We do not have strong prior beliefs about the effect of deworming, so we think the best approach is to model the data at ‘face value’ by treating seriously our meta-regression model and the positive and negative effects across the data collection period. In this ‘face value’ model, we define the start of the effect as the time that treatment ended (i.e., 2003) - which is consistent with our analyses of other programs - and we define the end of the effect as the latest individual response in the data (i.e., just before 2015). Thus, the total duration of the effect is 11.75 years. Integrating over a longer time period would involve speculation beyond the data, and integrating over a shorter time period (e.g., stopping when the effect reaches zero) would ignore the negative effects at KLPS 2 and 3. While it seems plausible that we are missing short-term benefits of deworming on happiness that occur before treatment ends, this would involve speculating over periods in which we have no data. In general, we prefer the simplest, least speculative model that fits with the data and we believe the ‘face value’ model matches that idea. However, changing the assumptions of the model can strongly affect the cost-effectiveness results.

We present the total effect of the ‘face value’ model based on the decisions made above (illustrated below in Figure 5). Notably, the size of the benefit (area above zero) is roughly comparable to the size of the harm (area below zero). This results in a small, negative total effect of -0.05 (95% CI[21]: -1.35, 1.24) SD-years which converts to -0.11 (95% CI: -2.92, 2.69) WELLBYs.[22] This reinforces our belief that there is no effect.

Figure 5: The total effect if we integrate over the data but no further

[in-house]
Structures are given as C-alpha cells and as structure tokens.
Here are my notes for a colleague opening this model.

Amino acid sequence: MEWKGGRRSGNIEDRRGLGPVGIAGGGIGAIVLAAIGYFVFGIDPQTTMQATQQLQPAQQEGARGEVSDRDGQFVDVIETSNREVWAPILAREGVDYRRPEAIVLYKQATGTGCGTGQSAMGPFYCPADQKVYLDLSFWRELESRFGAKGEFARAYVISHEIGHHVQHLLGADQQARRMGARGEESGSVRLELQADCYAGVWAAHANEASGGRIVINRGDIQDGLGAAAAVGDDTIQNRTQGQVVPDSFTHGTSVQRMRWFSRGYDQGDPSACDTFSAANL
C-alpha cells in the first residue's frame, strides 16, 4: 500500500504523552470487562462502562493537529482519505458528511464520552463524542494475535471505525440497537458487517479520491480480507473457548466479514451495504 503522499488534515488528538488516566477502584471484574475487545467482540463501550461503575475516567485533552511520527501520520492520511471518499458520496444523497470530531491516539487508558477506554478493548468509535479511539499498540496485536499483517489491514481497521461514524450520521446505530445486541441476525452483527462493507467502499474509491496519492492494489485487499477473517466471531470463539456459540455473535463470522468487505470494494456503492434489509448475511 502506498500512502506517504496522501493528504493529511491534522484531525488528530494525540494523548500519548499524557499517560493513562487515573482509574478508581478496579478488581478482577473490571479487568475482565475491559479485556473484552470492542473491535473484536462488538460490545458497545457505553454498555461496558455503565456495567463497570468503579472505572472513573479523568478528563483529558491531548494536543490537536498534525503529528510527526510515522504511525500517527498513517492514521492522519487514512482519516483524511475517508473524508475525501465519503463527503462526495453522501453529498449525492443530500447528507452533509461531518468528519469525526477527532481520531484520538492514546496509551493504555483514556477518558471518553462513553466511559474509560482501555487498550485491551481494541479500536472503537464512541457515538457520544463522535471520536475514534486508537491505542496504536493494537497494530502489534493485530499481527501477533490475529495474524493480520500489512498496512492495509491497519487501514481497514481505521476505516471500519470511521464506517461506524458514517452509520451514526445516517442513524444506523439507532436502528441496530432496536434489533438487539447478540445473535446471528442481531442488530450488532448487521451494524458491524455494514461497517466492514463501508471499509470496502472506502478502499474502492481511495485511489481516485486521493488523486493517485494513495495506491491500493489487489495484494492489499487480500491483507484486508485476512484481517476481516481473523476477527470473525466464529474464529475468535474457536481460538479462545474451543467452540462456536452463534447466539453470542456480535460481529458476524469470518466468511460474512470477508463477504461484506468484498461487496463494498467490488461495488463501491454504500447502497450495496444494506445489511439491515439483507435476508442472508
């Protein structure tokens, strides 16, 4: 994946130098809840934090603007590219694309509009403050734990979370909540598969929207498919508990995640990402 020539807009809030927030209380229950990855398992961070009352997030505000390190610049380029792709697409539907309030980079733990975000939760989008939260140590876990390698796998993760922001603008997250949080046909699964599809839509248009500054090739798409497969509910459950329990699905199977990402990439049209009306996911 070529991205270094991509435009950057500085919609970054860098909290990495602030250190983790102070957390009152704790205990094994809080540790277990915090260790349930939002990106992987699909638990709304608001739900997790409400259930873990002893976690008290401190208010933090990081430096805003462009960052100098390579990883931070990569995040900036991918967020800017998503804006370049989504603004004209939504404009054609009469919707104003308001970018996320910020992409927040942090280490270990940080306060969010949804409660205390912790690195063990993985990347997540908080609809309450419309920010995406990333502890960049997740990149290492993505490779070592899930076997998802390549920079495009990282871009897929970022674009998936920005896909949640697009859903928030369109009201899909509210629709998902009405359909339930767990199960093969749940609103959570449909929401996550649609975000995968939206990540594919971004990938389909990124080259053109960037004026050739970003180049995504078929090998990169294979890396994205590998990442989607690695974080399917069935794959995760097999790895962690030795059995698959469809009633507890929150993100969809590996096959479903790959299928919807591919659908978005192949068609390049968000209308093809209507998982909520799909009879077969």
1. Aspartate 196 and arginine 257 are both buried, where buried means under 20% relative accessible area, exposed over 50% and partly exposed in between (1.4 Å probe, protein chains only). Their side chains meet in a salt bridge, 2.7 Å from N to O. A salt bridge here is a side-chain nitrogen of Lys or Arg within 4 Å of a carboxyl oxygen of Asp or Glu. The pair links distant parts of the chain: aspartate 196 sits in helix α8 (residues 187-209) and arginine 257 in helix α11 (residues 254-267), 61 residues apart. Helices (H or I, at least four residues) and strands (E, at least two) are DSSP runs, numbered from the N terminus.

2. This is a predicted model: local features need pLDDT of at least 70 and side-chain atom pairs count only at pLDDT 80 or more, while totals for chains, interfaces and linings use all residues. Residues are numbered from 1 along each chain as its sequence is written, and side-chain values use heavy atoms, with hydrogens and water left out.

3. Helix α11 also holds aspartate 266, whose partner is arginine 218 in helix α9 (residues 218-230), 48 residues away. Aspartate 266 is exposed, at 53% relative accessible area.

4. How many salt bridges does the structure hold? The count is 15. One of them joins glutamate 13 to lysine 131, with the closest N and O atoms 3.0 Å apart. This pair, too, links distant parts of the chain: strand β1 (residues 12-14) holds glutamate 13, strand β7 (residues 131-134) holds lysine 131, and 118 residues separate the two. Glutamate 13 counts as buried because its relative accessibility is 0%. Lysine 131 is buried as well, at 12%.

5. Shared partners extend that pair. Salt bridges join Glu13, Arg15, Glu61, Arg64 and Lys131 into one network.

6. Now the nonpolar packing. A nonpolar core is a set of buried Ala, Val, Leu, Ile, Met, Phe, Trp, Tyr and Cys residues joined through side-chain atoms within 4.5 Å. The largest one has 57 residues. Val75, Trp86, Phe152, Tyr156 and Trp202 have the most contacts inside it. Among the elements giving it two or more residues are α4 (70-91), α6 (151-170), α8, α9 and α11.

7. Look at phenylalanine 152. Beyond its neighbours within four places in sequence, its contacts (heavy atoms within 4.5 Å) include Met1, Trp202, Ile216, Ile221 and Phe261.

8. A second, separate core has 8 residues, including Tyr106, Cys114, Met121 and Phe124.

Note. The point estimates show the difference (in Cohen’s d) in happiness between the treatment and control group at each time point. The bars represent 95% confidence intervals. The blue area is the integrated total effect.

The resulting total effect is overall negative, which results in a negative cost-effectiveness estimate of -18 (95% CI: -613, 436) WELLBYs per $1,000 donated to Deworm the World (one of the four charities). Thus, the expected value shows that deworming is not as cost-effective as StrongMinds (77 WELLBYs per $1,000). This -18 WELLBYs looks like a large negative effect, but this is driven by the small costs of deworming: even small effects, when paired with low costs, can lead to large negative or positive cost-effectiveness estimates. The confidence intervals (built from Monte Carlo simulations; see Appendix A5 for more details), show that the cost-effectiveness of Deworm the World is incredibly uncertain – unsurprisingly because it incorporates imprecise inputs – to the point we consider it practically uninformative. Whatever prior view one held, it doesn’t seem that this evidence should update that view. As mentioned in Section 2.3, this cost-effectiveness analysis converges with our belief that there is no meaningful effect of deworming on long-term wellbeing. We illustrate the uncertainty around the cost-effectiveness of Deworm the World alone in Figure 6, and jointly with the other charities we’ve reviewed (which are all much less uncertain) in Figure 7. 

Figure 6: Cost-effectiveness distribution of Deworm the World 

Note. The density plot shows the results of Monte Carlo simulations which estimate the uncertainty distributions. The distribution is skewed because the simulation contains cost estimates close to zero, resulting in a few large negative and positive cost-effectiveness figures.

Figure 7: Cost-effectiveness distributions of Deworm the World, GiveDirectly, and StrongMinds 

Note. The dashed line represents zero. The dotted lines represent the point estimates of the cost-effectiveness of the different charities. The density plots show the results of Monte Carlo simulations which estimate the uncertainty distributions. The distributions are skewed because the simulation contains cost estimates close to zero, resulting in a few large cost-effectiveness figures. The Deworm the World distribution appears less skewed because a tiny cost can lead to both large positive and negative cost-effectiveness figures, and because its probability density is much more spread out. The distribution of Deworm the World is cropped because it is extremely wide and uncertain.

3.2 Alternative specifications